Friday, June 3, 2011

Serving Haiti’s evacuees: knocking down barriers to safety as Haiti struggles to rebuild

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Guest post by Debi Sanders, staff attorney for Catholic Charities’ Immigration Legal Services Program.

Two weeks ago, our Immigration Legal Services staff celebrated the announcement by the Department of Homeland Security to extend “Temporary Protected Status” (TPS) for another 18 months to more than 40,000 Haitian evacuees living in the U.S.  For our ILS staff, this was a breakthrough moment following months of advocacy by more than 50 agencies seeking to help evacuees following the devastating 2010 earthquake that rocked Haiti. 

What is Temporary Protected Status (TPS)? TPS is exactly what it sounds like. The U.S. government temporarily recognizes and welcomes evacuees from a country that has suffered a severe natural disaster or political upheaval. It is not granted lightly – the Secretary of State, the Attorney General and the Department of Homeland Security all must agree.

It allows evacuees the freedom to work, earn a living and provide for their families when returning to their home nation is not safe or possible. Last week’s announcement by the U.S. government also included a re-designation that extended to people who were evacuated from Haiti in the following weeks. 

For Haitian evacuees, the extension and re-designation are key steps. Yet even after everything the United States government has done to help Haiti over the past year, there remain many problems to address, and that’s where we have stepped in along with a network of advocates for immigrants and evacuees.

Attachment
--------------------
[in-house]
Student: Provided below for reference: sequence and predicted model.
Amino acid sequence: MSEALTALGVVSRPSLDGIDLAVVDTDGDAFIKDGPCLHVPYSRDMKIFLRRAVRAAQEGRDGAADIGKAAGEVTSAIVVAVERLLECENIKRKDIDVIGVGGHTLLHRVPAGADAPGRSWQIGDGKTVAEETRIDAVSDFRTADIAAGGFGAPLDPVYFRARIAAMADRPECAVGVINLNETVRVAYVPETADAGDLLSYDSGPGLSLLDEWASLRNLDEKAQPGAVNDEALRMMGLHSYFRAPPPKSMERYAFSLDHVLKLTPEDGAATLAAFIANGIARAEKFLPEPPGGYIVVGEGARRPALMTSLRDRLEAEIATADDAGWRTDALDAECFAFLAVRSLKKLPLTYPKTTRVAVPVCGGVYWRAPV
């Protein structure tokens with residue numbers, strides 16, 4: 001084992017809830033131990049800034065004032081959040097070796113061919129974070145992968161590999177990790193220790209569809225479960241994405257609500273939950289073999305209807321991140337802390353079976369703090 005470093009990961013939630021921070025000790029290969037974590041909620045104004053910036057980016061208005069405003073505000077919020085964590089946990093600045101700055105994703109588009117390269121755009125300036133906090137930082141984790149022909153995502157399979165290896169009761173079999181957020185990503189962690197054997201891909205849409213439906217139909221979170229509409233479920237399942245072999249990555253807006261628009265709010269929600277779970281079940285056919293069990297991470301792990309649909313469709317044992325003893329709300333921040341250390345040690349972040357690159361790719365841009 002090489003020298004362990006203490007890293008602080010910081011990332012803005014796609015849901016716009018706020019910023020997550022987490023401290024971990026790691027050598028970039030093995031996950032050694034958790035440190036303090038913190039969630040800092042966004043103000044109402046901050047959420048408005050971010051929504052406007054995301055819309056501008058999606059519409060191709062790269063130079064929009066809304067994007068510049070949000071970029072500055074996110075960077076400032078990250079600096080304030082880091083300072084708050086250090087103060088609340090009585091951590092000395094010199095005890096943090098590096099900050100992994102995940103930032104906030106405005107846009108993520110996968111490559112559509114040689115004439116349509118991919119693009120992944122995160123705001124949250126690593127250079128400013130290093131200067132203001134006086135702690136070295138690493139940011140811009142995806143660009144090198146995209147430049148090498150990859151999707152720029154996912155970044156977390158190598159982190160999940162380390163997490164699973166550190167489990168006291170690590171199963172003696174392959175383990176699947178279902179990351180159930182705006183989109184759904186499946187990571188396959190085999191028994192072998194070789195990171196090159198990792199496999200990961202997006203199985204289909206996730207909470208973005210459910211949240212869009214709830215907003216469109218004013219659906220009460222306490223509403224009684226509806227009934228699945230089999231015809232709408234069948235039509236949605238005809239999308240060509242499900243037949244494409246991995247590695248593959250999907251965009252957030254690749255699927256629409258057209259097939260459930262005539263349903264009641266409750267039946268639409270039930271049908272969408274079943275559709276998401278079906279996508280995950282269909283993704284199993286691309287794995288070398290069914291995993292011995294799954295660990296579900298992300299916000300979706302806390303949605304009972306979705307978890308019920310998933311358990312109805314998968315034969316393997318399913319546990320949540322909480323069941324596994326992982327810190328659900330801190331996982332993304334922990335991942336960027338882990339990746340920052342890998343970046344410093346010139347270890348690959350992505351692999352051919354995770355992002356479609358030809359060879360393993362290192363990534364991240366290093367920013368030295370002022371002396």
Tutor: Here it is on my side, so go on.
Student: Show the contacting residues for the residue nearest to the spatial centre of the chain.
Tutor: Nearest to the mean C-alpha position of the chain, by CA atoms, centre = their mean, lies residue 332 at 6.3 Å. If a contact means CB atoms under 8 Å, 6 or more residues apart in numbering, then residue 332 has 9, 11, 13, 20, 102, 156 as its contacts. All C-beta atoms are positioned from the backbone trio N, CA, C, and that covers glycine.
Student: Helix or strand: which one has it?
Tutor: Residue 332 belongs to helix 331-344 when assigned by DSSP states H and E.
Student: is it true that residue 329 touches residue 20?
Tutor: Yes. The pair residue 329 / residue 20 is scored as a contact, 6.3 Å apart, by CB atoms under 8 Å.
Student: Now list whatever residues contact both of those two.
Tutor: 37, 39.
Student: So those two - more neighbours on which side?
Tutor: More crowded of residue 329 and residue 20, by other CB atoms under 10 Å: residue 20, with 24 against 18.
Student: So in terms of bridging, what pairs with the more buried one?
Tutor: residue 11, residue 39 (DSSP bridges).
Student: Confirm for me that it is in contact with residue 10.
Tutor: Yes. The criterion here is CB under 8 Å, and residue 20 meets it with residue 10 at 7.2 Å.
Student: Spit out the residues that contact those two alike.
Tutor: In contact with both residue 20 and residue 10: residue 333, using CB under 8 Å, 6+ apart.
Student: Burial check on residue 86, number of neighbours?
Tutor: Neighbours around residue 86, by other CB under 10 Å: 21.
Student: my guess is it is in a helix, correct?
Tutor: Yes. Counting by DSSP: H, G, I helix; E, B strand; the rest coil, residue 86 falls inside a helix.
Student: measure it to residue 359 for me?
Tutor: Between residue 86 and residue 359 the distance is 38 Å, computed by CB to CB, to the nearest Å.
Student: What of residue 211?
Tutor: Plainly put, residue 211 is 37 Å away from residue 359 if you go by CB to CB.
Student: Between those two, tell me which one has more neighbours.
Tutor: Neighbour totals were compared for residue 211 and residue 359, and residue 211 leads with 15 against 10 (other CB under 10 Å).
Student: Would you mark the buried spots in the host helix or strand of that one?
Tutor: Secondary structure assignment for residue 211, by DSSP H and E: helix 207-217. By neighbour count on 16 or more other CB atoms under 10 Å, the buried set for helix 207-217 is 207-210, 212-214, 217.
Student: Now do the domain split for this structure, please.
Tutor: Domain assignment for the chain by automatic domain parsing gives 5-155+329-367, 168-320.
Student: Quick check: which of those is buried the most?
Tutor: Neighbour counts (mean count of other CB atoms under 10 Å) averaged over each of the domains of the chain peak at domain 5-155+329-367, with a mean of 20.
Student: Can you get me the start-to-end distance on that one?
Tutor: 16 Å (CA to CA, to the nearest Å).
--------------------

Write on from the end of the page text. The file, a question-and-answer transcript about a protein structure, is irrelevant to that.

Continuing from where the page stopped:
The barriers we are trying to knock over are very practical. For example, evacuees covered by TPS have to pay up to $515 in application fees and the cost of a work permit before they can move on to get a job. Someone applying for a work permit in the first place isn’t likely to have this kind of money just lying around.  Many evacuees living in the U.S. are sending home as much of their wages as they can to support family at risk in Haiti.

Catholic Charities partnered with more than 50 organizations around the country, including the law firm Hunton & Williams, to bring the plea for evacuees directly to Alejandro Mayorkas, Director of U.S. Citizenship and Immigration Services. These are ongoing items that our ILS team will be working on in the months ahead.

1.  Help the evacuees as they make a life in the United States

Many evacuees had no way of helping themselves—in fact, many of them were thinking only of leaving Haiti to reach safety, not about legal applications or paperwork.  We trust Homeland Security will continue to be generous in granting work authorization.

2.  Reunite Haitian families

The list of children, women, and men waiting to be reunited with their families in the United States is so long that, from sign-up to admission, those seeking reunification may have to wait up to 12 years. We are asking Homeland Security to unite these families now.

3.  Stop deportations for people with minor convictions

We note that not all of these criminals are dangerous. In fact, one Haitian evacuee from Florida was charged with “felony littering.”

We applaud the hard work of all our ILS staff attorneys, our partner organizations and our pro bono neighbors at Hunton & Williams for making such a tremendous difference in thousands of lives as they recover from one of the most devastating natural disasters of the decade.

Want to learn more about how ILS supports immigrations and evacuees? Contact me at